Additional factors must be considered when designing high frequency phase shifters. For example, design trade-offs for insertion loss, insertion balance between phase states and phase accuracy must be made. Further, each bit of the phase shifter uses a topology or circuit architecture appropriate for that particular phase shift, however, a topology that works well for large phase shifts may be inappropriate or inefficient for small phase shifts. Additionally, parasitic capacitances in the switches must be compensated for, or incorporated into, the phase shifter topology.
It is, therefore, an object of the present invention to provide a broadband (Ka-band) MMIC phase shifter.
It is another object of the present invention to provide a broadband phase shifter which reduces the effect of parasitic capacitances in the switching elements.
The foregoing and other objects of the present invention are achieved by providing a broadband, 4-bit MMIC phase shifter. Rather than use exotic GaAs processing techniques to reduce the effects of parasitic capacitances in the switch elements, a standard pseudomorphic high electron mobility transistor (PHEMT) process is used, with phase shift architectures chosen to absorb the parasitic effects for broadband operation. Careful analysis of linear and EM simulations in combination with measured results has resulted in an improved four-bit design that is compact, broadband and has good insertion loss and balance, yet uses a standard 0.25 mm PHEMT process with standard bias voltages.
The four-bit selectable phase shifter for use in a phased array antenna of the present invention, which selectably causes an input signal to be shifted in phase, includes a first bit for selectively providing a 180° phase shift, wherein the first bit is a line/reflected bit; a second bit for selectively providing a 90° phase shift, wherein the second bit is a reflected bit; a third bit for selectively providing a 45° phase shift, wherein the third bit is a reflected bit; and a fourth bit for selectively providing a 22.5° phase shift, wherein the fourth bit is a high pass/low pass bit.
The above and other objects, features and advantages of the present invention will become more apparent from the following detailed description when taken in conjunction with the accompanying drawings in which:
FIG. 1 is a schematic diagram illustrating a prior art phased array antenna;
FIG.2 is a schematic diagram of a phase circuit of the prior art phased array antenna shown in FIG. 1;
FIG. 3 is a schematic diagram of a broadband, four-bit phase shifter in accordance with the present invention; and
FIG. 4A and 4B illustrate two configurations of new and improved power amplifiers to be used in conjunction with the four-bit phase shifter in accordance with the present invention.
Preferred embodiments of the present invention will be described hereinbelow with reference to the accompanying drawings. In the following description, well-known functions or constructions are not described in detail since they would obscure the invention in unnecessary detail.
The broadband phase shifter of the present invention includes a 4-bit topology where each bit uses a topology or circuit architecture for a particular phase shift. The present invention employs a unique combination of bit topologies which work well at Ka-band frequencies. The bit topologies utilize specific components which allow the phase shifter to compensate for parasitic capacitances. The detailed description below will first explain the components used to create the individual bit topologies and then will explain the individual bit topologies utilized to assemble the broadband phase shifter of the present invention.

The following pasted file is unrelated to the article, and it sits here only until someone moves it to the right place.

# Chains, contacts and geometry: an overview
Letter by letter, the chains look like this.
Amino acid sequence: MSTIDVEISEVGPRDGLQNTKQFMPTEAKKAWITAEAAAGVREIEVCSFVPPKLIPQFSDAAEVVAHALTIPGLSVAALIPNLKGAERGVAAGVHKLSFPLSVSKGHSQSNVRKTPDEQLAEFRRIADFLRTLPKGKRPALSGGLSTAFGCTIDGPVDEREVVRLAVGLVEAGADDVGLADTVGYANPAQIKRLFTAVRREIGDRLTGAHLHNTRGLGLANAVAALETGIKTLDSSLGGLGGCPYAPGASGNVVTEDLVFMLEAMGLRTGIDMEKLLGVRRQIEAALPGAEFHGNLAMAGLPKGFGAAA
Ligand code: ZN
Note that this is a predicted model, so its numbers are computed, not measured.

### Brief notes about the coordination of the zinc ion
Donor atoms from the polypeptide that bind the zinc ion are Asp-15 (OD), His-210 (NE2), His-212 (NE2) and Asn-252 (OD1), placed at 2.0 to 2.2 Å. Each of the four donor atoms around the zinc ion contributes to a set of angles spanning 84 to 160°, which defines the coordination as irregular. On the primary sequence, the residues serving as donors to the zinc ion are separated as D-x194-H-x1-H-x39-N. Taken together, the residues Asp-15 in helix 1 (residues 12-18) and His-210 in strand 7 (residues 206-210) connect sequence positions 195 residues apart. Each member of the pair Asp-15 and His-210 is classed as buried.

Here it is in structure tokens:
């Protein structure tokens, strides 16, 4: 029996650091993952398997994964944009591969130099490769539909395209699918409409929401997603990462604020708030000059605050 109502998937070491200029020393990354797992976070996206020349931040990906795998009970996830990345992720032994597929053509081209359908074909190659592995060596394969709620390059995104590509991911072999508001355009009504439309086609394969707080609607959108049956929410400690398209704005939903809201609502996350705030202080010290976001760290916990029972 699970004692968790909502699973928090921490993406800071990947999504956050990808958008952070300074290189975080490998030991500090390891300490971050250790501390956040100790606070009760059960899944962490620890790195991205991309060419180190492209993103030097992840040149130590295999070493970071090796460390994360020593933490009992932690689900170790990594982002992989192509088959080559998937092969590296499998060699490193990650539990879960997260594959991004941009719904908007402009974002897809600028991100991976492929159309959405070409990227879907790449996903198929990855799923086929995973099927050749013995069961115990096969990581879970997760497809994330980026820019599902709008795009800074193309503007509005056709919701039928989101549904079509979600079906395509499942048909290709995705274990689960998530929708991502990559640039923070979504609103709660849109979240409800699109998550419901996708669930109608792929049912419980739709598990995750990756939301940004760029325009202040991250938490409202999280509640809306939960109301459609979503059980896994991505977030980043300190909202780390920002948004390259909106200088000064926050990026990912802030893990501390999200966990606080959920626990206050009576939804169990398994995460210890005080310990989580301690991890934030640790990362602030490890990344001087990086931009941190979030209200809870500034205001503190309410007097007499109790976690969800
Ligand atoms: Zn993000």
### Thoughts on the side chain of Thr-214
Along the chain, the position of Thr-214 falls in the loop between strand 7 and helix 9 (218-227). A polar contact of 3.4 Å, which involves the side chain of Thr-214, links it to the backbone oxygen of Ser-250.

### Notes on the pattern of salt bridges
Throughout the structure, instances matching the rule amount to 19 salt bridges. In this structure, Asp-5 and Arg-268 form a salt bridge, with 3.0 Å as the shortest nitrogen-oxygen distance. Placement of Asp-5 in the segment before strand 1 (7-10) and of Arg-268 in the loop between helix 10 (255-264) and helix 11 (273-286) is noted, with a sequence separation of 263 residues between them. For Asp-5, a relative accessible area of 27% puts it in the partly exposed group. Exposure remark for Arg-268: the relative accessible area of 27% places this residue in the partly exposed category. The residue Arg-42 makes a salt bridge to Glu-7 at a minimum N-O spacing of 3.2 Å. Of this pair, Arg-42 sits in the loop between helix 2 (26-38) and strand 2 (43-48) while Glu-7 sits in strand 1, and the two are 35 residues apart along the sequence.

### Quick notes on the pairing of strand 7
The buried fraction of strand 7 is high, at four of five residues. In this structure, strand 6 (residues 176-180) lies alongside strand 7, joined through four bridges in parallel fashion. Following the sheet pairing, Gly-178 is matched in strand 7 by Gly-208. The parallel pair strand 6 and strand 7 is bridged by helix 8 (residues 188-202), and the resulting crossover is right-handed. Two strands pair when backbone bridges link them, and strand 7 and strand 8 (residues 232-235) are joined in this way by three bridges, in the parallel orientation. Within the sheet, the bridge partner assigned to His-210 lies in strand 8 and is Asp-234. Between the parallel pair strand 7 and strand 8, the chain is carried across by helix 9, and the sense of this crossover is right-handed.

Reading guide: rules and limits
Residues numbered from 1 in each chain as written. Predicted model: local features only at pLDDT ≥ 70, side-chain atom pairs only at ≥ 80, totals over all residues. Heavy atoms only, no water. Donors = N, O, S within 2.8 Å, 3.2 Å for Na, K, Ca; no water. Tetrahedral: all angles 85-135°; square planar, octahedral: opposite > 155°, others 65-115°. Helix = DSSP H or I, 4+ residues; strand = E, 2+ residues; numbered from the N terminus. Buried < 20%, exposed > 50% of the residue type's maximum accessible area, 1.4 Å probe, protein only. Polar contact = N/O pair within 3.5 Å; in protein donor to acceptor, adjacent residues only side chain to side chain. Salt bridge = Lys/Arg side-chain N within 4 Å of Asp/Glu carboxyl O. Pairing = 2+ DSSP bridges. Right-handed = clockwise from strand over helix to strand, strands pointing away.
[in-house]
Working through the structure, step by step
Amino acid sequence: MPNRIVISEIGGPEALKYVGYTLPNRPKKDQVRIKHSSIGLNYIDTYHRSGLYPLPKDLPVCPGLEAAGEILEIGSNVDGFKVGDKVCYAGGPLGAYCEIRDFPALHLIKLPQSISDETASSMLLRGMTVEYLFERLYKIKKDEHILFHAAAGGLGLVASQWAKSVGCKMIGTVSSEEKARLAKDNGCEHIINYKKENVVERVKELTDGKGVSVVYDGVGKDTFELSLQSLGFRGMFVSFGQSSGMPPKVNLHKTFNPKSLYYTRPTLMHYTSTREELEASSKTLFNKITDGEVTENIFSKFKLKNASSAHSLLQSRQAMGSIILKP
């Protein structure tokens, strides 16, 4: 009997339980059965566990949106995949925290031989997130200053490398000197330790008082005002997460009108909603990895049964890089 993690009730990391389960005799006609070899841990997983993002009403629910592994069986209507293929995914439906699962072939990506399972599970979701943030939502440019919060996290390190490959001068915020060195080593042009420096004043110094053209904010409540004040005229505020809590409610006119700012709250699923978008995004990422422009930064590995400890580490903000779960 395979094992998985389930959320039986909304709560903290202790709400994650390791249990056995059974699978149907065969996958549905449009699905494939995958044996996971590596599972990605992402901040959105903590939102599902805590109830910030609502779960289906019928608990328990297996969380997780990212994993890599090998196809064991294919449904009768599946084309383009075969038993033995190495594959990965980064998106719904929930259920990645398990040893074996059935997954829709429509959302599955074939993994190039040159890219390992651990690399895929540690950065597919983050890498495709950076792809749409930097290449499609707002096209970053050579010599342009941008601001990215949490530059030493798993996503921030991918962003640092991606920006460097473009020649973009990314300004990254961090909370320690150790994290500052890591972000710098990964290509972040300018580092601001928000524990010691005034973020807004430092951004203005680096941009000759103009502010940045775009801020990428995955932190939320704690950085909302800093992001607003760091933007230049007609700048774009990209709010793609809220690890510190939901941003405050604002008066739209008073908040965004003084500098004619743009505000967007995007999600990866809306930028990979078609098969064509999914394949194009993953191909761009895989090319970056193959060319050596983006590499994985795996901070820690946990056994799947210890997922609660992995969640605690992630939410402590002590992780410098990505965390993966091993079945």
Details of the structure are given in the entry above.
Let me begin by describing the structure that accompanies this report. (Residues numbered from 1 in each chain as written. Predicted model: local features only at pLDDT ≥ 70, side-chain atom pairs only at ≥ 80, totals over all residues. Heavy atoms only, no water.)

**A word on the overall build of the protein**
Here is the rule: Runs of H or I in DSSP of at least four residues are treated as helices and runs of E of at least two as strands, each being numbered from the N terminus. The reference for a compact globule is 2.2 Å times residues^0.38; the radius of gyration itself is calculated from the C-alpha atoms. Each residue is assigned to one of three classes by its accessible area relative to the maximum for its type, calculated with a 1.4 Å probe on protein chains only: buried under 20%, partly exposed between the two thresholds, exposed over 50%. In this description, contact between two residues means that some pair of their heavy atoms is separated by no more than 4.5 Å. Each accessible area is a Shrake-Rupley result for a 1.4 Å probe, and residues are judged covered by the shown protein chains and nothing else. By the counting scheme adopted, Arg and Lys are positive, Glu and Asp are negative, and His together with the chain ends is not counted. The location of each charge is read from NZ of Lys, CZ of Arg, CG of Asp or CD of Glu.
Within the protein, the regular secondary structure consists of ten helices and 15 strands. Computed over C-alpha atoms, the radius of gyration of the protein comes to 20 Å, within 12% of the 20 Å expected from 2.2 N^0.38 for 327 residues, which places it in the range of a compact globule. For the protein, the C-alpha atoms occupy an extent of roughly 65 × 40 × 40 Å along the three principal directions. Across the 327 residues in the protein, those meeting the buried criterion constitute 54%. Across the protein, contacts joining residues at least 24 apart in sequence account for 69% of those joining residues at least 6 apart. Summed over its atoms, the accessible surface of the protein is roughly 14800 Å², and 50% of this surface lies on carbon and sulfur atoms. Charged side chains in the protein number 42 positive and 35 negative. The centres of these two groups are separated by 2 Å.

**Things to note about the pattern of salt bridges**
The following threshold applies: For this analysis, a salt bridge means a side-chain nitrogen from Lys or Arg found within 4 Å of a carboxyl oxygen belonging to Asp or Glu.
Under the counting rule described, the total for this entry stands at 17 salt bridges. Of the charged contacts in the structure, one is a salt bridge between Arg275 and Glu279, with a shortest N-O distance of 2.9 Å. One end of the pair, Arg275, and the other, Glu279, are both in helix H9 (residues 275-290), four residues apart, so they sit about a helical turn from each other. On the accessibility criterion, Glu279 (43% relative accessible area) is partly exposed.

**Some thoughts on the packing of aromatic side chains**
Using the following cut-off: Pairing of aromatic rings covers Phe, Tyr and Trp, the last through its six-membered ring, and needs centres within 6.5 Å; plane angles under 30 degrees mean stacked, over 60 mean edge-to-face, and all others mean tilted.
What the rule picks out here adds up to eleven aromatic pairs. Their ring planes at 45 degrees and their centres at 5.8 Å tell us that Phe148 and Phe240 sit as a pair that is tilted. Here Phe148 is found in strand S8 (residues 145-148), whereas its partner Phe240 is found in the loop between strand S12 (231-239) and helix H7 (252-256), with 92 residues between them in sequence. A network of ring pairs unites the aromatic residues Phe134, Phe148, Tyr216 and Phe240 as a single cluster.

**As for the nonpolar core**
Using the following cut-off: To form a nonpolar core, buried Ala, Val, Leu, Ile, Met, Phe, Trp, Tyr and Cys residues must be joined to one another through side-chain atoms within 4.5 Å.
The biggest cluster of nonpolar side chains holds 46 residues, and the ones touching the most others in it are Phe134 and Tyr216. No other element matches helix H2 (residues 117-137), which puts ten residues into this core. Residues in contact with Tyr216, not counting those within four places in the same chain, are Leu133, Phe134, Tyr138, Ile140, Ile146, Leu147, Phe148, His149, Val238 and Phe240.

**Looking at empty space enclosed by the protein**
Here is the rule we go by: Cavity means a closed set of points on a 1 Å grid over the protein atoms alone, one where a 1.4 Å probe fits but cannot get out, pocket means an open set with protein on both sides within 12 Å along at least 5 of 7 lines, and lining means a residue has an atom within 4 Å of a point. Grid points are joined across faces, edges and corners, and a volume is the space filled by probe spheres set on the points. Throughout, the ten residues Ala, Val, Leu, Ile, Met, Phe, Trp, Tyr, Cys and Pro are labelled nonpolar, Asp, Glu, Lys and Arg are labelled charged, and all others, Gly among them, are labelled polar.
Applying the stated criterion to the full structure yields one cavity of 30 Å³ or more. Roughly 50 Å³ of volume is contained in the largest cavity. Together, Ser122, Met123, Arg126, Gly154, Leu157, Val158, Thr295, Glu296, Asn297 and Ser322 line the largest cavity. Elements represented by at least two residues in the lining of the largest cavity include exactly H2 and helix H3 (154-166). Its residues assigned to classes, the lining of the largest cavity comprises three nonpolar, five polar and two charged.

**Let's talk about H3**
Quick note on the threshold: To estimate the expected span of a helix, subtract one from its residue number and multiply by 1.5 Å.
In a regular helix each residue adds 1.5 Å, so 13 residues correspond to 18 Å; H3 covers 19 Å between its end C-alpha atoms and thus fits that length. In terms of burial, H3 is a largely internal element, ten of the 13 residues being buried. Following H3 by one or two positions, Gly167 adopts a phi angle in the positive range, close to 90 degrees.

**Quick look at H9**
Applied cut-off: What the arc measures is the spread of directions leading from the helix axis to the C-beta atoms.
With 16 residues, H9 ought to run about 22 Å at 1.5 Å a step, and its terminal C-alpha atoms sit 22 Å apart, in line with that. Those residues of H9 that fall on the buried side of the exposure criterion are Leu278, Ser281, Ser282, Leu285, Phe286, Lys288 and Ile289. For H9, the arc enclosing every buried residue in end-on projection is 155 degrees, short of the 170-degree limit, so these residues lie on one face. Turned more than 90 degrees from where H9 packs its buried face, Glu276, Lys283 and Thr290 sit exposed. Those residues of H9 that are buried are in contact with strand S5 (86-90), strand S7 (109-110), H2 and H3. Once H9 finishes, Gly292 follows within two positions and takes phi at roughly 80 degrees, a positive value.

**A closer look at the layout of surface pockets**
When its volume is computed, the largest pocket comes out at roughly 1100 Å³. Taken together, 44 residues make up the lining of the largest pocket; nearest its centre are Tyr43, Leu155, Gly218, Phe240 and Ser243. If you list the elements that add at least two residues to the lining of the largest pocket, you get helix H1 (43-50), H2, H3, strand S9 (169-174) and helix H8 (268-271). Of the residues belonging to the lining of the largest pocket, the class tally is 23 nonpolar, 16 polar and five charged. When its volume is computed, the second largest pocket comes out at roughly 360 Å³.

The switching elements used in the phase shifter of the present invention are made from 0.25 mm PHEMT (pseudomorphic high electron mobility transistor) devices. The two states of a switch are ON, usually defined by a gate bias of 0V, and OFF, usually defined by a gate bias of at least 2 to 4 times the pinchoff voltage of the device. Small signal operation of the phase shifter is desired to minimize distortion. An ideal switch should toggle between a short circuit and an open circuit. In reality, a PHEMT switch looks like a resistance in the ON state and a parasitic capacitance in the OFF state. The larger the device, the smaller the ON state resistance. Unfortunately, the OFF state capacitance should be very small, necessitating a small device, which conflicts with the previous requirement. This OFF state capacitance must be compensated for, particularly at Ka-band frequencies. It can be absorbed or incorporated into the phase shifter topology, or it can be compensated for with an inductance, which may lead to a design with a narrow band response.
Lange couplers are not often used in MMICs because their quarter wave (¼) length size can be quite large. At Ka-band frequencies and above, quarter wave size components can reasonably fit on a MMIC. For the intended outer space communications application, performance is more important than GaAs die size. Using Agilent EEsof's Libra simulator and Linecalc program (conventional MMIC design software programs), the coupler's line width, line spacing and overall length is chosen. Preferably, the width and spacing of the Lange coupler is approximately 10 um and the length is ¼ wavelength in GaAs at 32 GHz.
Referring to FIG. 3, the phase shifter 100 of the present invention is shown. The phase shifter 100 generally comprises a 4-bit topology wherein each bit shifts the phase of an input signal INPUT to produce an output signal OUTPUT at a desired phase shift from the phase of the input signal. The 4 bits include a 180° line/reflected bit 102, a 90° reflected bit 104, a 45° reflected bit 108 and a 22.5° high pass/low pass bit 106. Each bit will now be described in detail below.
180° Line/Reflected Bit